Updated from 11:06 a.m. EDT
Oil prices fell back Friday on strong fuel supplies and the possibility of improving relations with Iran, the world's fourth-largest crude producer.
Light, sweet crude for November delivery shed $1.04 to $60.55 a barrel on Nymex. Earlier this morning, oil prices were rising on worries that OPEC would cut production to shore up prices, and traders bought contracts to cover short positions.
All of the gains oil prices racked up in the past year have essentially been erased, with crude closing in on fresh six-month lows. Robust levels of winter heating fuel and crude, which are 5% to 11% higher than last year, have helped keep prices sluggish. September is typically a soft month for fuel consumption since temperatures are mild and gas-fired utilities do not need new supplies.
Oil prices have risen and fallen on the progress of talks with Iran over its nuclear program. The U.N. and Iran have been battling over Iran's resumption of nuclear development since February, and traders have been following the standoff intently.
Iranian President Mahmoud Ahmadinejad provided a glimmer of hope late Thursday after he said his country does not need nuclear weapons and was unsure how to prove that, the
The foreign minister of Russia, which has weighed against levying sanctions against Iran, said there was a chance Iran will resume negotiations with the West over its nuclear program.
Several members of the U.N. Security Council contend that Tehran wants to build atomic weapons, an allegation Iranian officials have denied. Rather, enriching uranium, they say, is meant to help produce power for that country's growing population.
As prices descend to $60 a barrel, the prospect of OPEC trimming output becomes greater. Some ministers have said they would defend $60, which would entail cutting production among their member countries.
"There is already some evidence that OPEC has reduced production from the Middle East and is committed to supporting high prices," according to a Morgan Stanley research note Friday.
The Saudi oil minister Ali al-Naimi said Tuesday that he thought oil prices were reasonable instead of too high, as he usually says. Some analysts believe OPEC, which produces 40% of the world's crude, would likely reduce production if the group's basket price, an average of 11 different crudes, fell to $55. It now stands at $55.99.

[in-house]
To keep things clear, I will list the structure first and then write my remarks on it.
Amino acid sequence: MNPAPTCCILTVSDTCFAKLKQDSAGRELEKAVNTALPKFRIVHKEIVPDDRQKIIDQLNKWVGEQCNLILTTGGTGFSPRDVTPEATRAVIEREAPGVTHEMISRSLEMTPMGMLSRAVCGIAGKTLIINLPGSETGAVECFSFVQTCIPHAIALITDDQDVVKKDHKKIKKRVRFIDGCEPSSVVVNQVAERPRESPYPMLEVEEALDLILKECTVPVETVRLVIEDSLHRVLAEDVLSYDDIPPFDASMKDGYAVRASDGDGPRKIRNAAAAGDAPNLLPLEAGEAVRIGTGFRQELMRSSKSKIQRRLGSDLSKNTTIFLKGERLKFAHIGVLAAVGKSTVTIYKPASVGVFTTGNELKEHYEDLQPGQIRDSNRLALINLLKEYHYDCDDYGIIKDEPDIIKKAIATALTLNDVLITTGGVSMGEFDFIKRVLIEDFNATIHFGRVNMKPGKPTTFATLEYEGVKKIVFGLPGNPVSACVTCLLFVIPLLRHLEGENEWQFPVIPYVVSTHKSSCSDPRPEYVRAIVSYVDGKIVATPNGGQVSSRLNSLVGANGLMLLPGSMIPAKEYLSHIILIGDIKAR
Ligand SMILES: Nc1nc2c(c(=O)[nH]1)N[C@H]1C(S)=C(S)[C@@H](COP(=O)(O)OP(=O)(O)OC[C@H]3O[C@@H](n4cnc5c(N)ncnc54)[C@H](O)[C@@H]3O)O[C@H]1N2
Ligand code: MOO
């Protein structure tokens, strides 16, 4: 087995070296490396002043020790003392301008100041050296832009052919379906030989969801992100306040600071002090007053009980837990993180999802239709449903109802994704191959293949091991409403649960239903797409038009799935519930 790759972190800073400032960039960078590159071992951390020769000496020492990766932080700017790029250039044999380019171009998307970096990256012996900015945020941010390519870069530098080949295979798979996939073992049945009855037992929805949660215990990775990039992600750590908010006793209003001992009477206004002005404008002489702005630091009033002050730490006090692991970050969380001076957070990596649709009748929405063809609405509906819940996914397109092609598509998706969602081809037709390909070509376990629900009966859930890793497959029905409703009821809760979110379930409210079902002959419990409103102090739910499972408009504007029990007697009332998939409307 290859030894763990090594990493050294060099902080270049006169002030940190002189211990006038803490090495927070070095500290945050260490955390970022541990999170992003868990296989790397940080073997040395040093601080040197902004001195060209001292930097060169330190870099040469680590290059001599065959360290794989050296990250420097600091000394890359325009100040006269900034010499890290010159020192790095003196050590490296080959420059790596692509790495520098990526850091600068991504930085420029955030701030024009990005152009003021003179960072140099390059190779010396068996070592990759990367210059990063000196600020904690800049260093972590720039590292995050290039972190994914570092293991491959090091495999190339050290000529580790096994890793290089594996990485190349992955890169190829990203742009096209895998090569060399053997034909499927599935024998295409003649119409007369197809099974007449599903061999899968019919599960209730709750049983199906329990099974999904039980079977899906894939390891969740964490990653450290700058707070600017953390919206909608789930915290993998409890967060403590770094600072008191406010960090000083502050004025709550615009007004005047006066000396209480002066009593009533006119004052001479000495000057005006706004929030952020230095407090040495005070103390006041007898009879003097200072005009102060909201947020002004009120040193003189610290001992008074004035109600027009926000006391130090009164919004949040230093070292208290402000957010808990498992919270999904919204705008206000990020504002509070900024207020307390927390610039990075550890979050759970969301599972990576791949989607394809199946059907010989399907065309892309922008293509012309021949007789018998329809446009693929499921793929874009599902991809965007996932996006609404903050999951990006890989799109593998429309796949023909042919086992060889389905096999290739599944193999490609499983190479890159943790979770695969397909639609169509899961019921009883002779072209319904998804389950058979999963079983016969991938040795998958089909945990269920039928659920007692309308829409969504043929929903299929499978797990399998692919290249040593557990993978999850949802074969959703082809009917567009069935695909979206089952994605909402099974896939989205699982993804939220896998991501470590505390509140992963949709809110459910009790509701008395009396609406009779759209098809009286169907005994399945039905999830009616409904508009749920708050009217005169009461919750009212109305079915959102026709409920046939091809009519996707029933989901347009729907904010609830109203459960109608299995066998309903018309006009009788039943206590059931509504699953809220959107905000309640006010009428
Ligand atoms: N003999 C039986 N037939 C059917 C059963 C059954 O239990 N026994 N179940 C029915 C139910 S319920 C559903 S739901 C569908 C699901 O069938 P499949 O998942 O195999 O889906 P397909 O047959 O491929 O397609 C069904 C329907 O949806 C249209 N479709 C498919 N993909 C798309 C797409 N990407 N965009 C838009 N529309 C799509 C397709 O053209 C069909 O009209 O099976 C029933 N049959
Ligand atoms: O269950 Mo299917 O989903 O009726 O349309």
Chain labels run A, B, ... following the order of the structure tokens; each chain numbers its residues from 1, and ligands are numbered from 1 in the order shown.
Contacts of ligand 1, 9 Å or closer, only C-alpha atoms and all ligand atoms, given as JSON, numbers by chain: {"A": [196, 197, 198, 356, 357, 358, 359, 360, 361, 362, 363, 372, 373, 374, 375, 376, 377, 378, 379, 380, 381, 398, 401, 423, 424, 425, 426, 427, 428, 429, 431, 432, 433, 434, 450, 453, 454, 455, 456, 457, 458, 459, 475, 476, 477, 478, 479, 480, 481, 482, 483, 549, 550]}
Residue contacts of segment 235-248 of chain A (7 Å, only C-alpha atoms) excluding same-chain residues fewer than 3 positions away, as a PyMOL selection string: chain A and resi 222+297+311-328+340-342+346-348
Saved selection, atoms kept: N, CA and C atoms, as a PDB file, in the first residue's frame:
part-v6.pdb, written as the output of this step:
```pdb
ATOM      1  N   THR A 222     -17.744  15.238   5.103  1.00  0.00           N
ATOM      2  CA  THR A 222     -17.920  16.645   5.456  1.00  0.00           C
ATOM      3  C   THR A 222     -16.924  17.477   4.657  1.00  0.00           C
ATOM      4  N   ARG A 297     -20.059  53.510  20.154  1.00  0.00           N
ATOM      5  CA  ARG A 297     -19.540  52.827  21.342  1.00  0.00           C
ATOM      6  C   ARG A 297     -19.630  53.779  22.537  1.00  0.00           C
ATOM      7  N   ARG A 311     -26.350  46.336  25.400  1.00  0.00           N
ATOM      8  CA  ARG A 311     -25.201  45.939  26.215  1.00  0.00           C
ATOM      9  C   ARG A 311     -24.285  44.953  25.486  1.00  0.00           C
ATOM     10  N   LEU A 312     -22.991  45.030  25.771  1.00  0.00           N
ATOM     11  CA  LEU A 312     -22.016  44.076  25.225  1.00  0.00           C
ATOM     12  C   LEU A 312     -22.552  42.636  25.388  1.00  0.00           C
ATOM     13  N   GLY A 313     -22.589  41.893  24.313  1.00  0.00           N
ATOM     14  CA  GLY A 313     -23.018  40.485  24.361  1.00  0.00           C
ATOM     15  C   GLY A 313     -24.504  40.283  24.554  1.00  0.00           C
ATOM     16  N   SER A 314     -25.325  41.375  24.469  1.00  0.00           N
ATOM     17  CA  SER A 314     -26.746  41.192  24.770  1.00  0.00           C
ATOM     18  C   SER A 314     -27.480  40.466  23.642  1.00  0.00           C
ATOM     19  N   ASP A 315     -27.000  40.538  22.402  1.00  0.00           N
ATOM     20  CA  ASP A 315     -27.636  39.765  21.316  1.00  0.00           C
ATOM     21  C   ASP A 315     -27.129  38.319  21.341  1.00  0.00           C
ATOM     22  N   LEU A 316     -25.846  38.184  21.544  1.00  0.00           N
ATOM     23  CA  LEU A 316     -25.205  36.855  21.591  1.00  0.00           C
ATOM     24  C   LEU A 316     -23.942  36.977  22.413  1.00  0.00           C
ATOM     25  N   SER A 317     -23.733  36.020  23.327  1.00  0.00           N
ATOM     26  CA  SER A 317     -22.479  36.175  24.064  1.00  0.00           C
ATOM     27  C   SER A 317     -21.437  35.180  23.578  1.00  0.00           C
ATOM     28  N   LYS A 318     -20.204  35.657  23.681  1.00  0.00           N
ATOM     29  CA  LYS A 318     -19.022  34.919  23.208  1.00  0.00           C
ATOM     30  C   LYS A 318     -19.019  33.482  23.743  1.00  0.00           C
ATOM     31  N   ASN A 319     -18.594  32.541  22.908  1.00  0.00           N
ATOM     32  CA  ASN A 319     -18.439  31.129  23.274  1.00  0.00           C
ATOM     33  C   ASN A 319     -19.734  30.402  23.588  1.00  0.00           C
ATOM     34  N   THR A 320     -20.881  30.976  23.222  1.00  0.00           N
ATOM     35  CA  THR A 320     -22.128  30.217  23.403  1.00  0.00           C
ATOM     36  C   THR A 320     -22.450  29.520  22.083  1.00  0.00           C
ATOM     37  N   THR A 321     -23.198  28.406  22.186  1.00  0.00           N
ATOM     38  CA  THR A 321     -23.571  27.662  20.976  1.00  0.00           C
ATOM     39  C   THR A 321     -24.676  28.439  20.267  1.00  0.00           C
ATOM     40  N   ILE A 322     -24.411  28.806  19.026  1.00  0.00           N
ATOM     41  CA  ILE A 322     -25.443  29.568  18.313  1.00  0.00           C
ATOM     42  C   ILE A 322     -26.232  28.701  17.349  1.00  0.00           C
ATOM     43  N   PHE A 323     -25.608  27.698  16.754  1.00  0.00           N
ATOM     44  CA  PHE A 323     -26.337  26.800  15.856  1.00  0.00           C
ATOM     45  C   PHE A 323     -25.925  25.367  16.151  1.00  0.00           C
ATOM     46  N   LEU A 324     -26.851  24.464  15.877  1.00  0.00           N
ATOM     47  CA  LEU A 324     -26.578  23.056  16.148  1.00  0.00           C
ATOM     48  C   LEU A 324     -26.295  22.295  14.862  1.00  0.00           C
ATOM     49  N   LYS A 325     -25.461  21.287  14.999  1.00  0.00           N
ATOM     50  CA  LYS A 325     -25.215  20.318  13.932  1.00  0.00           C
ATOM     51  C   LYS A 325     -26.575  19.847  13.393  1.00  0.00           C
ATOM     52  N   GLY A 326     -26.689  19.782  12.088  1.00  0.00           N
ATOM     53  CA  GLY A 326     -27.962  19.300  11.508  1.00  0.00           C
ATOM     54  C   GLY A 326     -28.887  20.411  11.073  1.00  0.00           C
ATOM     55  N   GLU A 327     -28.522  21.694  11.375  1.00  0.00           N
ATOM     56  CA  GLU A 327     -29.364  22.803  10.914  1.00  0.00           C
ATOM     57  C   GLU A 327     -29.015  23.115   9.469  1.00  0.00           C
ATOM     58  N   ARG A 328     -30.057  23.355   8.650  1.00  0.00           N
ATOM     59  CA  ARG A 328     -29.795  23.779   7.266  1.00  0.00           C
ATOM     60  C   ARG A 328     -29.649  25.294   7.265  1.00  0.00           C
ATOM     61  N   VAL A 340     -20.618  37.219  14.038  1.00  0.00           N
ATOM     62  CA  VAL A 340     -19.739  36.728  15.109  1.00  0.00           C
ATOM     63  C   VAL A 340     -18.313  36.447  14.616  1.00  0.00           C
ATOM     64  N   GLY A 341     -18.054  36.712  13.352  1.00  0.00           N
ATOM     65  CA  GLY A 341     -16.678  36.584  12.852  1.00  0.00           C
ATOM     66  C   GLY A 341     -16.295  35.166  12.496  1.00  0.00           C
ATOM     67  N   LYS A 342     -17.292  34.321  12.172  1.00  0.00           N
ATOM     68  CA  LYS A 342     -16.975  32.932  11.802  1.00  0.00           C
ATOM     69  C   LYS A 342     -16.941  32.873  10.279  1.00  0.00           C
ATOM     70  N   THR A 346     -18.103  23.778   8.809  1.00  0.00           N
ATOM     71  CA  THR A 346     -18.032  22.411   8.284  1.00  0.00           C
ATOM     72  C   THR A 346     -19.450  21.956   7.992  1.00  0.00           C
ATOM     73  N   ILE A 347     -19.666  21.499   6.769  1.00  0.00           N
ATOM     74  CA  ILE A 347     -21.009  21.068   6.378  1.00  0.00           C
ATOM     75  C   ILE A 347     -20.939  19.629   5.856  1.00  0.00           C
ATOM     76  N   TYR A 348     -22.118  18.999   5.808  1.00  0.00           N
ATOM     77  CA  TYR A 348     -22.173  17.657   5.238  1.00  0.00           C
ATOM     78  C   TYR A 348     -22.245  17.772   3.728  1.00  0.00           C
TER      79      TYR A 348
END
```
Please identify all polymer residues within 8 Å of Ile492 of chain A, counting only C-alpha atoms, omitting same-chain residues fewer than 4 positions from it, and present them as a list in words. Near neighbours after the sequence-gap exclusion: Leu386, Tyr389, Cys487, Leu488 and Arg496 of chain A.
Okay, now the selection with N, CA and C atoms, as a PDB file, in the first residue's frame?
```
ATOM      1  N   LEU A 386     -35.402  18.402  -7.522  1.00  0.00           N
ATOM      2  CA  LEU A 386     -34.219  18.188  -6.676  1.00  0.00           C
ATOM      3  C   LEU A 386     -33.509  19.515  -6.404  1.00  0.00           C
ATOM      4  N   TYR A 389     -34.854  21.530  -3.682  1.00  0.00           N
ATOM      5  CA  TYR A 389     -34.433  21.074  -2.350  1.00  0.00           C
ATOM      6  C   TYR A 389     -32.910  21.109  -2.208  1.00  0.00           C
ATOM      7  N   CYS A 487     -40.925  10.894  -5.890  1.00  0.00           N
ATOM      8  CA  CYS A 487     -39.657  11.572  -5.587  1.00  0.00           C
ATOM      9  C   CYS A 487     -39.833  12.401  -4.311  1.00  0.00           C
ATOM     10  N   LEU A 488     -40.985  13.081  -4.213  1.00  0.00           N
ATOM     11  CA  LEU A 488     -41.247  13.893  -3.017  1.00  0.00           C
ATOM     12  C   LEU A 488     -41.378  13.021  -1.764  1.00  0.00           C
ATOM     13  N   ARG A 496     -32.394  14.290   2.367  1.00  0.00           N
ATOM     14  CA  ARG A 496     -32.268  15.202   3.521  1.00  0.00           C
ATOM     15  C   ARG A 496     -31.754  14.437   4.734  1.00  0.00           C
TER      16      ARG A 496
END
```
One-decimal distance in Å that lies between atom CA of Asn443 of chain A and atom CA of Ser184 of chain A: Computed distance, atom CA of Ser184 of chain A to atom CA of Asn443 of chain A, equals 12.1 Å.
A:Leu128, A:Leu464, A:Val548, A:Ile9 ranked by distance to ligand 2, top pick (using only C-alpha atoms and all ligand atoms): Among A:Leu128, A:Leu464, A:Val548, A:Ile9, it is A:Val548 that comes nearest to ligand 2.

"Look for OPEC to cut production by spring," said James Williams, an energy analyst at WTRG Economics in London, Ark. "It is not likely they will attempt to defend prices before December unless the price drops another $10."
Wholesale unleaded gasoline lost 2 cents to close at $1.47 a gallon, and heating oil gave back 3 cents to $1.64 a gallon. The two fuels typically trade in tandem with crude.
Little hurricane activity and strong inventories of natural gas in storage drove down prices by 15 cents to $4.62 per million British thermal units. On Thursday, the October contract fell to a two-and-a-half-year low on the same fundamentals.
The U.S. Energy Department reported in its weekly update Thursday that domestic supplies increased by 93 billion cubic feet last week. They currently stand 13% above the five-year average.
Hurricane Helene, though it was moving northeast across the Atlantic and 560 miles to the east of Bermuda, was not expected to make landfall. On Thursday, the storm weakened and started moving away from the U.S. Helene is the eighth named storm of the hurricane season, which has been quiet this year. The hurricane season runs from June through November, with September being the peak month.
In stock market action, energy stocks were trading from 0.7% to 1.2% lower on the Philadelphia Oil Service and Amex Oil Indices.
were the leading decliners on the 13-company Amex Oil Index.
The largest publicly traded energy company,
, was the only company posting increases on the index, up 0.2% at $64.92.
Morgan Stanley's upgrade of BP did little to help the stock Friday, with shares down 1% to $65.31. Despite a rash of problems including the shutdown of the country's largest oil field, BP's rating was increased from "underweight" to "equal weight" based on a projected increase in earnings next year of 6.7%.
Royal Dutch Shell
lost ground after the investment bank cut its rating on the oil giant from equal-weight to underweight. Next year, earnings are expected to climb by 4.7%. Shares were recently slipping 0.9% to $65.07.
was climbing 0.6% to $28.27 after the oil service company said it would increase its buybacks up to $2 billion. In February, Halliburton started buying back $1 billion in shares, and has repurchased $983 million thus far.